Ryan Marks, 9, front left, and Jack Callan, 8, right, pose with Gavin Leahy, 8, back left, and Daniel Lilly, Jr., 7, with almost $2,000 in popcorn that will be going to Ohio military troops far from home.
THE BLADE/ANDY MORRISON
WAUSEON — With polish, precision, and a whole pack of politeness, a group of Cub Scouts from Fulton County collected change from area residents and converted the money into treats for the troops.
Namely, popcorn. Lots and lots of popcorn. Some salty. Some sweet. All in gift tins, ready to ship to military personnel.
“We collected change to send popcorn to the military people serving overseas so they can have popcorn so they can share with their family,” said Daniel Lilly, Jr., 7, who was among the scouts in Pack 177 who raised the funds that totaled $1,877, enough to purchase 30 boxes filled with popcorn tins for the troops through a program called Buckeye Military Families.
Scout Ryan Marks, 9, who attends Wauseon Elementary School, raised $1,001. “I tried to do my best. I never gave up,” the youngster said, pointing out he sold popcorn door-to-door and through other popcorn-sales activities.
Although sales were working out, there wasn’t as much participation in a program to provide popcorn for the troops, said his mother, Elise Marks of Wauseon, who leads the scouts and who recently delivered the popcorn to her contact with Buckeye Military Families.
To pump up sales for the troops, Ryan popped up a plan: Why not ask people if they had change to give toward the purchase of the puffed snack. And the scouts found the plan worked better than anticipated.
Ryan said the popcorn for the military personnel is “something to remind them of home. It’s a taste of home, and it is really a nice thing to do.”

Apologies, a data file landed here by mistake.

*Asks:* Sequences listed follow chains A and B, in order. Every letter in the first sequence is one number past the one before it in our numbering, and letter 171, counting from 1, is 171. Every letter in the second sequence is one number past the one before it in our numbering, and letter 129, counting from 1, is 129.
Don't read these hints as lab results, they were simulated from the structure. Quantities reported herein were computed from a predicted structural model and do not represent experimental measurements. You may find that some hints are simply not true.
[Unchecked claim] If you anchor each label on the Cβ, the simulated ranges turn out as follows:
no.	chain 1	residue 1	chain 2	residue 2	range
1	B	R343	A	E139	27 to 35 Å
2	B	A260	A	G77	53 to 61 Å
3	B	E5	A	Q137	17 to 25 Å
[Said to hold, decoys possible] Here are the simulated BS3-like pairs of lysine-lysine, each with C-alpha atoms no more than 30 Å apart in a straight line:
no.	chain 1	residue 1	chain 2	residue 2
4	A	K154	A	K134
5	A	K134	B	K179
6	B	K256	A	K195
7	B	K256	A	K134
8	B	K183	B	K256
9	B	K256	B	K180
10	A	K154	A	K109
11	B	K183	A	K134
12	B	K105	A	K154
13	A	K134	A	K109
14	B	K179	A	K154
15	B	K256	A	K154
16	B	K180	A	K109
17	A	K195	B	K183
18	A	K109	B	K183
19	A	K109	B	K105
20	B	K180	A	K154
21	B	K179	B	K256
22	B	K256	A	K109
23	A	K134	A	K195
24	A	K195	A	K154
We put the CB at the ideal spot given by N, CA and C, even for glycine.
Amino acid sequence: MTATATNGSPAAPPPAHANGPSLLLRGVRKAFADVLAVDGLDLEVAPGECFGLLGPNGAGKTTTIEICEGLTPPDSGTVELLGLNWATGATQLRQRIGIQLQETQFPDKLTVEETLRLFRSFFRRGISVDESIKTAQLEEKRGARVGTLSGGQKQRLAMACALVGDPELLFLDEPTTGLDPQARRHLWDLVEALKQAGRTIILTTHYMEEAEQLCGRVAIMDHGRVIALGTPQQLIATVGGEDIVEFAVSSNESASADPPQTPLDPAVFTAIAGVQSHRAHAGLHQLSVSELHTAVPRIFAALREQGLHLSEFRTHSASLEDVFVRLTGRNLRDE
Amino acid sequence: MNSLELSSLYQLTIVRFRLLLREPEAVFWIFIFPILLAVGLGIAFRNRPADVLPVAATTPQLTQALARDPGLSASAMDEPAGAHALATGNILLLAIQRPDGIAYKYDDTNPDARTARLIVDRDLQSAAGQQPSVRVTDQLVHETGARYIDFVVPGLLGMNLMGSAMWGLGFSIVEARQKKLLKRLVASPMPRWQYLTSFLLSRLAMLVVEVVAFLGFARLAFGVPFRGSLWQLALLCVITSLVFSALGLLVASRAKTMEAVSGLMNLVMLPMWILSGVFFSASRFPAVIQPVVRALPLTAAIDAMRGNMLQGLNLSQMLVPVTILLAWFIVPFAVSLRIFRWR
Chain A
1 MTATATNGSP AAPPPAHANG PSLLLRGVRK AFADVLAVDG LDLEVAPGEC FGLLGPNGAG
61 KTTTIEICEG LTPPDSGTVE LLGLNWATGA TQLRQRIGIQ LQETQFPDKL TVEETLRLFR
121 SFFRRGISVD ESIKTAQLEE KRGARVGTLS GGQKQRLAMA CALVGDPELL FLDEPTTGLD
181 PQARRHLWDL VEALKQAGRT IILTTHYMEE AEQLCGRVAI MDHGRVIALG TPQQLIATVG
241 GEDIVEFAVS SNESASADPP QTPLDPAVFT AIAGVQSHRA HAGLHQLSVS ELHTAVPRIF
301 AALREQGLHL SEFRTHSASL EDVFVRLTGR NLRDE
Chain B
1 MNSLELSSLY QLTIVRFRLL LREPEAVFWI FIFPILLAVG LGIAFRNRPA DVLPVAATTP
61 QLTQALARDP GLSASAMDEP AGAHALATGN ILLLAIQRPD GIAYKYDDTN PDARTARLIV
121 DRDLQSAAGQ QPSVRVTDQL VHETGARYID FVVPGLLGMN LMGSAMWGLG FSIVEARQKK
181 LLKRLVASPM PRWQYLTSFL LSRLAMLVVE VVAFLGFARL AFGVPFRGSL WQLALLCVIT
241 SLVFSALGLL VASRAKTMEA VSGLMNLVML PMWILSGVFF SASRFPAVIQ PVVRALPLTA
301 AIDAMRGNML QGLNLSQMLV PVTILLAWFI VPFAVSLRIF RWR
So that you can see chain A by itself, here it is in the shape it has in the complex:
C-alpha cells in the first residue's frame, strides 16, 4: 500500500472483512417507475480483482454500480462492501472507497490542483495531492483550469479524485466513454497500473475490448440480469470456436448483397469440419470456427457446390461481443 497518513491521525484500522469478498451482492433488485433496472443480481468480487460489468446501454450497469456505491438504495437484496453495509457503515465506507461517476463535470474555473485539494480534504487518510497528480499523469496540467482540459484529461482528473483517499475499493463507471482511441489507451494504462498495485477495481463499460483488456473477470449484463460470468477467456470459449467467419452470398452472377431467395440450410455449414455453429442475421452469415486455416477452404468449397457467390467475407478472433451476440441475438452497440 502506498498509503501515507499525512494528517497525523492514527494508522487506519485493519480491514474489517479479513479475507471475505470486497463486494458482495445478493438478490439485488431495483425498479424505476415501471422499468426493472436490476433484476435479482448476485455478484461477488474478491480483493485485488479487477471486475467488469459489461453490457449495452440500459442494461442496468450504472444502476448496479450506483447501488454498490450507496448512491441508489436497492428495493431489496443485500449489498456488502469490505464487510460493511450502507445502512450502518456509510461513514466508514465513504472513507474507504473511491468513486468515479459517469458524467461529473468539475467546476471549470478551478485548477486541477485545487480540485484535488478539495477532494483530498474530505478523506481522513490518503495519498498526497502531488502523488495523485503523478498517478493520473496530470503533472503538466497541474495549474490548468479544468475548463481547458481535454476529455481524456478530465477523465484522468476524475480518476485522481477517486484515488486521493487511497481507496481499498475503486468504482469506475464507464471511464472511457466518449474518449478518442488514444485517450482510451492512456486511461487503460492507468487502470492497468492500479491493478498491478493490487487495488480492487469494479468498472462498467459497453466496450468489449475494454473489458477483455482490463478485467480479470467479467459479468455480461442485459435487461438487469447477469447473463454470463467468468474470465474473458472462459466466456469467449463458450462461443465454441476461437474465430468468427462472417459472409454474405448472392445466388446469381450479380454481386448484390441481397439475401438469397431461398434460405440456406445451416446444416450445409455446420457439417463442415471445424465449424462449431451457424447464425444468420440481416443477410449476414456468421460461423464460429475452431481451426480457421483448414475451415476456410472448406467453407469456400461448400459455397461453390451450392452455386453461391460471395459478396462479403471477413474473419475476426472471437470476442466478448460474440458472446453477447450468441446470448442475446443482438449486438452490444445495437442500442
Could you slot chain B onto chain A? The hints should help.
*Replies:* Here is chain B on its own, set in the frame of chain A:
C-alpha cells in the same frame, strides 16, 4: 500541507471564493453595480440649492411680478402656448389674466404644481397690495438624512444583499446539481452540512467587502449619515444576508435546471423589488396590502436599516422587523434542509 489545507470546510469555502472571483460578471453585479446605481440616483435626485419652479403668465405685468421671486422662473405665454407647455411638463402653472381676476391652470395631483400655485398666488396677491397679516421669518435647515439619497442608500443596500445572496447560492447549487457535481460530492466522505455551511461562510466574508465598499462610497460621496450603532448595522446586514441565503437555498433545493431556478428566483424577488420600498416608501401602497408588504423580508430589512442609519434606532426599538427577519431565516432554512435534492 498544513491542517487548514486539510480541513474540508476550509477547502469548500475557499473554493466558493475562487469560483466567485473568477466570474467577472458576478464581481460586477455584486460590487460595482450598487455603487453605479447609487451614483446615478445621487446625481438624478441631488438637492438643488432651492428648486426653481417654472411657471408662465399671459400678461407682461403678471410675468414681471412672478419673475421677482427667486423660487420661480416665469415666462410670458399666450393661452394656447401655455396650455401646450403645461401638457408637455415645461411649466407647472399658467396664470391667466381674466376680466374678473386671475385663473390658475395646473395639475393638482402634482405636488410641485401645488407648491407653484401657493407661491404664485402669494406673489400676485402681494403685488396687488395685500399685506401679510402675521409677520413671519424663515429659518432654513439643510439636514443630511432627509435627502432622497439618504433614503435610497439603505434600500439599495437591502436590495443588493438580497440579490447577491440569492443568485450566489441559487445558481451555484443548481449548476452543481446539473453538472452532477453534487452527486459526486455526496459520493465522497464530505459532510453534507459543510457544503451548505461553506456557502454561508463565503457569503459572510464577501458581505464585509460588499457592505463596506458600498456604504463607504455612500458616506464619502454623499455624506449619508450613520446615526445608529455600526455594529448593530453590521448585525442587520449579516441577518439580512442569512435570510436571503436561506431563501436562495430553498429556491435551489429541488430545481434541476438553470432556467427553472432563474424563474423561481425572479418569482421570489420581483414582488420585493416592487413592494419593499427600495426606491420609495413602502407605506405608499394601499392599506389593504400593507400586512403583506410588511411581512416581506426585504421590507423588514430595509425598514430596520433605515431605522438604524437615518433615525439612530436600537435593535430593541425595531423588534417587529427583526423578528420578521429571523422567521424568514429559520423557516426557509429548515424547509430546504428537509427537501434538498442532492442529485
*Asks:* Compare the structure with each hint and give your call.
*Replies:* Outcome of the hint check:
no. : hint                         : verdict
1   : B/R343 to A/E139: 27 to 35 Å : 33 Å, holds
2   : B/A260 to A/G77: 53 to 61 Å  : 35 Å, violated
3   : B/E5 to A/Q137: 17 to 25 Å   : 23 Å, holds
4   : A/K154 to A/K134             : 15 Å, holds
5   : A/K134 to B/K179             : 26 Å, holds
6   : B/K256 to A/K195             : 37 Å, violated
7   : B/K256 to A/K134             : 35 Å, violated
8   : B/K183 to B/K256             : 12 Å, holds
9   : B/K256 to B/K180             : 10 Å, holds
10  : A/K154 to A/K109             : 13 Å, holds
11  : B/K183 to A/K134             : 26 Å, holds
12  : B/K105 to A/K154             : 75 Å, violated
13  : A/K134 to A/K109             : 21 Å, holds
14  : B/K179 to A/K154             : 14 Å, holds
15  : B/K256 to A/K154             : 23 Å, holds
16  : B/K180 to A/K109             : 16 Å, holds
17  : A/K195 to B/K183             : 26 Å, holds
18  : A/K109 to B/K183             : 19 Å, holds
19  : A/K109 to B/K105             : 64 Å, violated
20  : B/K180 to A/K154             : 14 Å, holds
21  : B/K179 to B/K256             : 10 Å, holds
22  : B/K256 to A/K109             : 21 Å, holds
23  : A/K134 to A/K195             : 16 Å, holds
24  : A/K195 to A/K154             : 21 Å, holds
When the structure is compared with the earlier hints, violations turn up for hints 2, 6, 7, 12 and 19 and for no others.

Others involved included Scout Jack Callan, 8, of Wauseon, who said it is important to aid the troops. “The troops protect us. Troops help keep us free, and they allow us to have our own government.”
Stephen Guinn, who lives near Swanton and serves as unit commissioner, described the change-for-popcorn plan as “awesome.” When he was in the National Guard, he recalled, anytime you received something from home, it was a good thing, even if it was a bag of cough drops or a can of shaving cream. Grandma-made cookies? Particularly splendid. “You were instantly popular when you would get anything from home,” he said.
Popcorn sent to the troops included the mud puddles variety, or as Mrs. Marks called it “Mommy’s-having-a-bad-day popcorn.” Think caramel corn and crushed peanuts coated in rich creamy fudge.
Other Pack 177 scouts who took part in the popcorn project were Gavin Leahy, Noah Freshour, Brode Strezinski, and Oskar Strezinski.
Mrs. Marks already has sent a separate shipment of popcorn to a friend of hers from school, Mark Gabenski, who is with the Air Force overseas. “We went to Navarre School together. We were friends in high school,” she said, and when she found he was serving overseas, she decided to send popcorn as a “Howdy there from home” package.
Raising $1,877 is pretty impressive for a pack of eight scouts. “We relied on word of mouth,” Mrs. Marks said.
This just wasn’t about scouts trying to outsell each other. It was about teamwork, Mrs. Marks said, and about scouts helping each other reach their goals. “It wasn’t ‘Look, I sold more,’ but was ‘Hey, let me help you out,’ ” she said.
The scouts weren’t pushy popcorn sellers, but when someone said, no thanks, I can’t eat popcorn, the boys would say, “Well, would you be interested in donating loose change to help us buy popcorn for the troops?” And that approach worked nearly every time.